Other adverse drug reactions that have been reported in GH-treated patients include the following: 1) Metabolic: Mild, transient peripheral edema. In GHD adults, edema or peripheral edema was reported in 41% of GH-treated patients and 25% of placebo-treated patients. 2) Musculoskeletal: Arthralgias; carpal tunnel syndrome. In GHD adults, arthralgias and other joint disorders were reported in 27% of GH-treated patients and 15% of placebo-treated patients. 3) Skin: Rare increased growth of pre-existing nevi; patients should be monitored for malignant transformation. 4) Endocrine: Gynecomastia. Rare pancreatitis.
GH – Growth Hormone OVERDOSAGE
Acute overdosage could lead to hyperglycemia. Long-term overdosage could result in signs and symptoms of gigantism and/or acromegaly consistent with the known effects of excess GH. (See recommended and maximal dosage instructions given below.)
DOSAGE AND ADMINISTRATION
The Saizen growth hormone dosage and administration schedule should be individualized for each patient. Response to GH therapy in pediatric patients tends to decrease with time. However, in pediatric patients failure to increase growth rate, particularly during the first year of therapy, suggests the need for close assessment of compliance and evaluation of other causes of growth failure, such as hypothyroidism, under-nutrition, and advanced bone age.
GH Growth Hormone Dosage
Pediatric Growth Hormone Deficiency (GHD)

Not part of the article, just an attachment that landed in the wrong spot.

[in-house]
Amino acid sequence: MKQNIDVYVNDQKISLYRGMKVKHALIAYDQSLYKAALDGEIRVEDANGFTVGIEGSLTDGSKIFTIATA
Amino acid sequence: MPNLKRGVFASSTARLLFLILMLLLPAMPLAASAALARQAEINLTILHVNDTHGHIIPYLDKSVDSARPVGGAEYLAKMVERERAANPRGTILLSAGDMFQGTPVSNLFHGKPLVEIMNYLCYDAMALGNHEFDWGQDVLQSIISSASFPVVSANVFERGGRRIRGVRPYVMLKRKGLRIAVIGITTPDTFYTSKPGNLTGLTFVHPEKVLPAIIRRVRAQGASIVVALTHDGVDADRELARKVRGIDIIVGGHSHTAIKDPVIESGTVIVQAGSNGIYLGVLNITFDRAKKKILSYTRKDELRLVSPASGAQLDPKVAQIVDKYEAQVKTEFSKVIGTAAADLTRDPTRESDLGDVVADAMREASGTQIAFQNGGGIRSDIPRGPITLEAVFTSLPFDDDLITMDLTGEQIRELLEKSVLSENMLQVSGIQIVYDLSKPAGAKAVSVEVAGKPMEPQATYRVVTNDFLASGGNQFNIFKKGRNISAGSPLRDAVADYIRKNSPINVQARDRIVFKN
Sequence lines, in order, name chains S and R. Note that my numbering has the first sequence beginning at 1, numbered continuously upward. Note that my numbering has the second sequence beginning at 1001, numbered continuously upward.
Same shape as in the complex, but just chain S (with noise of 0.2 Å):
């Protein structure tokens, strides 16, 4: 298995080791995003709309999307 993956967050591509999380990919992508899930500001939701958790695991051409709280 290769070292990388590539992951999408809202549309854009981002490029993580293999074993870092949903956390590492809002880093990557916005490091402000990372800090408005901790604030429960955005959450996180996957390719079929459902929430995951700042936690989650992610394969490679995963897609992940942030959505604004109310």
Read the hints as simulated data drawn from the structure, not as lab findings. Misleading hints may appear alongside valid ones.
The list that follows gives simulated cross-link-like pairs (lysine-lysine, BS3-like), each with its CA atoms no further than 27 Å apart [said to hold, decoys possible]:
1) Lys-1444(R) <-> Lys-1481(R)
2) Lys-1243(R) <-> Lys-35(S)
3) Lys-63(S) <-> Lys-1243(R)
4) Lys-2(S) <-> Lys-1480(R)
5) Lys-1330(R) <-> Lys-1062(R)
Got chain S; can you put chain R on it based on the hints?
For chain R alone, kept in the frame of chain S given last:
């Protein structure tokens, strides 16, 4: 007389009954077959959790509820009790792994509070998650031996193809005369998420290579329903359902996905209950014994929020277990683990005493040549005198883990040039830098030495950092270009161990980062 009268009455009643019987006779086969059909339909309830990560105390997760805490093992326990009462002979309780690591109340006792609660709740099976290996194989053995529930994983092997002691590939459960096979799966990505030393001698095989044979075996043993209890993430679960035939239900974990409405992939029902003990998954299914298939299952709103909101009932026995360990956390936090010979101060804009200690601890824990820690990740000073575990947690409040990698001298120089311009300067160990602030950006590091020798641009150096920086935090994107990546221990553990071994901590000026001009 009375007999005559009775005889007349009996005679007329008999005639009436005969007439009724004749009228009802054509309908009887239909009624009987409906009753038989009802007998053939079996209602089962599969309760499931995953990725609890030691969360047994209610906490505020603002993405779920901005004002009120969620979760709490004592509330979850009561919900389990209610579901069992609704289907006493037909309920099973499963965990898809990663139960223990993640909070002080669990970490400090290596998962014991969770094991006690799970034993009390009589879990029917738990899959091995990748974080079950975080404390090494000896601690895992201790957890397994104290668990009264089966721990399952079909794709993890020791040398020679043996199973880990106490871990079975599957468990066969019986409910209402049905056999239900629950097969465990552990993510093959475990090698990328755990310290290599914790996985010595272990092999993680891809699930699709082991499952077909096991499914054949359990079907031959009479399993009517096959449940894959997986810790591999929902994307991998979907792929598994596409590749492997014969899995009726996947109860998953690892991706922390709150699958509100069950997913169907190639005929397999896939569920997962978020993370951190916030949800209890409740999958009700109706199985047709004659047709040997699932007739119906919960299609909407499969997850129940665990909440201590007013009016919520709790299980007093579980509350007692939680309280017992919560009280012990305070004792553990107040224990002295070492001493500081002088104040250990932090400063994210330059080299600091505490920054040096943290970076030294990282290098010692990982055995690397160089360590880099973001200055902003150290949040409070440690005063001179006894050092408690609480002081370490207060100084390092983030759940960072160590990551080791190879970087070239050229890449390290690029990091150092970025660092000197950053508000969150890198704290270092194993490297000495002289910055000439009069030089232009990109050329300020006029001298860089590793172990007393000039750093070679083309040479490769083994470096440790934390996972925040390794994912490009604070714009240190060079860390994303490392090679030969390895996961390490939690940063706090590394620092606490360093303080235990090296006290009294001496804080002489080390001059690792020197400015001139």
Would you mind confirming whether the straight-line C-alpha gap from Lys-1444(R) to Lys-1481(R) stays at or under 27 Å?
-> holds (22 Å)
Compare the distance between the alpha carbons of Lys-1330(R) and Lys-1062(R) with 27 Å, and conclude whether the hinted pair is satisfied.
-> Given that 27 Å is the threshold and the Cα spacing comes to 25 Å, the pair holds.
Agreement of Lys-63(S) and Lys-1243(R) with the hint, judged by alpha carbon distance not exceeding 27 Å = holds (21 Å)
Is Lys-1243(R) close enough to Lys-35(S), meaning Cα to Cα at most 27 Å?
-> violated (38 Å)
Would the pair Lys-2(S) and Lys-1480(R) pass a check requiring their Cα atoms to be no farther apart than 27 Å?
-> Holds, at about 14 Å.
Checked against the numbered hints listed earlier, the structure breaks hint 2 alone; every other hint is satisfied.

A weekly dosage of up to 0.30 mg/kg of body weight divided into daily subcutaneous injection is recommended.
Adult Growth Hormone Deficiency (GHD)
The recommended dosage at the start of therapy is not more than 0.006 mg/kg given as a daily subcutaneous injection. The dose may be increased according to individual patient requirements to a maximum of 0.025 mg/kg daily in patients under 35 years and to a maximum of 0.0125 mg/kg daily in patients over 35 years.
To minimize the occurrence of adverse events in older or overweight patients, lower doses may be necessary. During therapy, dosage should be decreased if required by the occurrence of side effects or excessive IGF-I levels.
Chronic Renal Insufficiency (CRI)
A weekly dosage of up to 0.35 mg/kg of body weight divided into daily subcutaneous injection is recommended.
Saizen growth hormone therapy may be continued up to the time of renal transplantation.
In order to optimize therapy for patients who require dialysis, the following guidelines for injection schedule are recommended:
Hemodialysis patients should receive their injection at night just prior to going to sleep or at least 3-4 hours after their hemodialysis to prevent hematoma formation due to the heparin.